resident in town, was found about half way between his own house
and Felchville, insensible, with his head badly bruised. He was
taken to his home and survived a few days, but died of the woimds
he had received. He was with his team, returning from Cochituate,
to which place he had moved the goods of two Irishmen, brothers of
the name of Riley. It was supposed that he was followed by them
in returning, and murdered for his money, a large amount of which
he had in his possession at the time. They were accordingly
arrested, but acquitted at the final trial, on account of deficiency of

On the night of September 17, 1852, the second and most dread-
ful of the tragedies occurred.

Orra Taylor and wife, with three children, lived in the " Little
South Village," so called. On the morning of the night alluded to,
the oldest two of the children went to the house of the nearest
neighbor, in their night dresses, and said their father and mother had
been murdered. On entering the house, Mr. Taylor, a man about
thirty years of age, was found lying dead, with five or six ghastly
wounds upon his head and other parts of his person, inflicted with an


axe, which was afterwards found in one of the apartments; Mrs.
Taylor was found in an adjoining room, still alive, with her head
almost cloven asunder, and an infant lying at her feet bathed in
blood. Thomas Casey, an Irishman about nineteen years of age,
who worked for Mr. Taylor, was suspected of the murder. He had
fled, but was found the next day in the woods in Framingham. He
was tried in Cambridge, found guilty of the murder, and executed.

At one o'clock Sunday morning, July, 1854, James Warren, a
resident of Natick, was stabbed in the Long Pond Hotel. It appears
that several persons were engaged in drinking and gambling, when
an altercation arose between Mr. Hilliard, the keeper of the house,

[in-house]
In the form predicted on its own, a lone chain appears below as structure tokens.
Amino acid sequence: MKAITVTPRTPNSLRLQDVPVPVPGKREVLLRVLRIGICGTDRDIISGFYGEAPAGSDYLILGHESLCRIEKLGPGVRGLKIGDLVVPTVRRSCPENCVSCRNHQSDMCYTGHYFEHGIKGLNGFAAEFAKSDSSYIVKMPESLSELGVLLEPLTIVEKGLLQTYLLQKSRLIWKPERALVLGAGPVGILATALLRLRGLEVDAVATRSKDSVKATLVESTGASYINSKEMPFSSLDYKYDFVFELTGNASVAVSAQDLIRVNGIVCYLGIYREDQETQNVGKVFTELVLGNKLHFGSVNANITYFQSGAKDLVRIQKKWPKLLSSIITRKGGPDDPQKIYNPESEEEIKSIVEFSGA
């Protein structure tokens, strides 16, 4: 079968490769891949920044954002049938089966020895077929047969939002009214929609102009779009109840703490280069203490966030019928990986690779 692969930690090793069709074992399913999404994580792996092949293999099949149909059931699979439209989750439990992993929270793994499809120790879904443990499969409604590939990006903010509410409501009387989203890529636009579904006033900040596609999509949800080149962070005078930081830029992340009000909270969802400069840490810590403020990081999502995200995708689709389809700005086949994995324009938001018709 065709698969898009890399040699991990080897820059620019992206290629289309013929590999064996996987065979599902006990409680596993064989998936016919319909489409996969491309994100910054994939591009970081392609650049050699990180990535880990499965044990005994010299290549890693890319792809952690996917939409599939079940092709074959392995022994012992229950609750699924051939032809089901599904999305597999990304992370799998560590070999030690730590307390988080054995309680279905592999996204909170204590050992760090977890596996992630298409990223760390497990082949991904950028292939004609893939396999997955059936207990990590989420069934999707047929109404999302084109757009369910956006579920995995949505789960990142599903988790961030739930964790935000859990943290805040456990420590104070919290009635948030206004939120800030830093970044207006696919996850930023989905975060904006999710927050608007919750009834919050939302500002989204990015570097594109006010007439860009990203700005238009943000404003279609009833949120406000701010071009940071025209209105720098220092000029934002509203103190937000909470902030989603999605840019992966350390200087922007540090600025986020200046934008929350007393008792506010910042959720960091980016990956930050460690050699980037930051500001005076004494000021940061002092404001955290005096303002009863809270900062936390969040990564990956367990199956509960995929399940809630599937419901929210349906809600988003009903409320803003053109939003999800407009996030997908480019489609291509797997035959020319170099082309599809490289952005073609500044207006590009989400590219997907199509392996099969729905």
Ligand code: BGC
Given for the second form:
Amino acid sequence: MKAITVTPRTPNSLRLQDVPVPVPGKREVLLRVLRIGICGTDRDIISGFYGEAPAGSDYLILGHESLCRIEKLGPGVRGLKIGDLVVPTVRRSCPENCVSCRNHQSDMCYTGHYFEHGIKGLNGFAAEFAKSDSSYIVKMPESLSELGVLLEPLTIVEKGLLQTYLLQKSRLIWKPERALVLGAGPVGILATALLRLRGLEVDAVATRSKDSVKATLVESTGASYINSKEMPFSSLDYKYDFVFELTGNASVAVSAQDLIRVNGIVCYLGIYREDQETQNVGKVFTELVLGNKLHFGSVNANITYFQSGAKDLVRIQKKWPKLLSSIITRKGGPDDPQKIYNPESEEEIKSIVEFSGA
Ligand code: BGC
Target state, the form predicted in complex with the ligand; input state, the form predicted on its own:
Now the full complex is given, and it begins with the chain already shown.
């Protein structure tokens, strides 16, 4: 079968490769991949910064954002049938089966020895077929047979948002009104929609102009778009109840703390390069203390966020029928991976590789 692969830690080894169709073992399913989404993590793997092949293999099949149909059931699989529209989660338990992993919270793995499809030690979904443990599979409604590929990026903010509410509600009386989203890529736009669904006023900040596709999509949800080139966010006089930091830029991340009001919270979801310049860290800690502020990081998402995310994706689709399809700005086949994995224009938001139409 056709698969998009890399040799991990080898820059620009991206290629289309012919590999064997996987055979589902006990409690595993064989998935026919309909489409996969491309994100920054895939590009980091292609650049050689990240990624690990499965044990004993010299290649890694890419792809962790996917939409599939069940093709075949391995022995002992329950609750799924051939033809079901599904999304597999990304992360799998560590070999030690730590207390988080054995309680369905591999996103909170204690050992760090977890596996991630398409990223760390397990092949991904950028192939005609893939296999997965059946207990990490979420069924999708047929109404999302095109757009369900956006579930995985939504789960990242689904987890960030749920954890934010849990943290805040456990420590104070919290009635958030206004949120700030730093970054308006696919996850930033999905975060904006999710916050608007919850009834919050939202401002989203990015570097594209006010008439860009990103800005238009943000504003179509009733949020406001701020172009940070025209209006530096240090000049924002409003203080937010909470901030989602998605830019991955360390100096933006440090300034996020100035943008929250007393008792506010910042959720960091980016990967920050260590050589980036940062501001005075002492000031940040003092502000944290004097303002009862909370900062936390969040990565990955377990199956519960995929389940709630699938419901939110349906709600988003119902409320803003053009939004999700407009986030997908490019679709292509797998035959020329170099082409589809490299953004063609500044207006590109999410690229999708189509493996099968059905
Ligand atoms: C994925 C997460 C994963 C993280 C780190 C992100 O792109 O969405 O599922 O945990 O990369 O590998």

and Warren, during which the latter struck the former on the face,
whereupon Hilliard, drawing a dirk knife and following him into an-
other room, gave him two severe stabs, one in the abdomen, the other
in the right breast. Warren died in great agony about nine o'clock
Sunday morning. •

Hilliard is now in prison, awaiting his trial.



The following anecdotes relating to events in Natick are published
on authority of tradition :

While Eliot was engaged in translating the Bible into the Indian
language, he came to the following passage in Judges 5 : 28 : " The
mother of Sisera looked out at the window, and cried through the
lattice," &c. Not knowing an Indian word to signify lattice, he
applied to several of the natives, and endeavored to describe to them
what a lattice resembled. He described it as framework, netting,
wicker, or whatever occurred to him as illustrative, when they gave
him a long, barbarous and unpronounceable word, as arc most of the
words in that language. Some years afterwards when he had learned
their dialect more correctly, he is said to have laughed outright
upon finding that the Indians had given him the true term for eel-pot,
" The mother of Sisera looked out at the window, and cried through
the eel-pot."

One of these sons of the foresji is said to have discovered a more
appropriate emblem of the Trinity than even the triangle itself.
The missionary had been lecturing on the sublime and incomprehen-
sible mystery, when one of his red auditors, after a long and thought-
ful pause, thus addressed him : "I believe, Mr. Minister, I under-
stand you. The Trinity is just like water and ice and snow ; the
water is one, the ice is another, and the snoAV is another, and yet
they are all three water."

The following is handed down as a true copy of a warrant issued
by an Indian magistrate :

" You, you big constable, quick you catch um Jeremiah Oflfscow,
strong you hold um, safe you bring um afore me.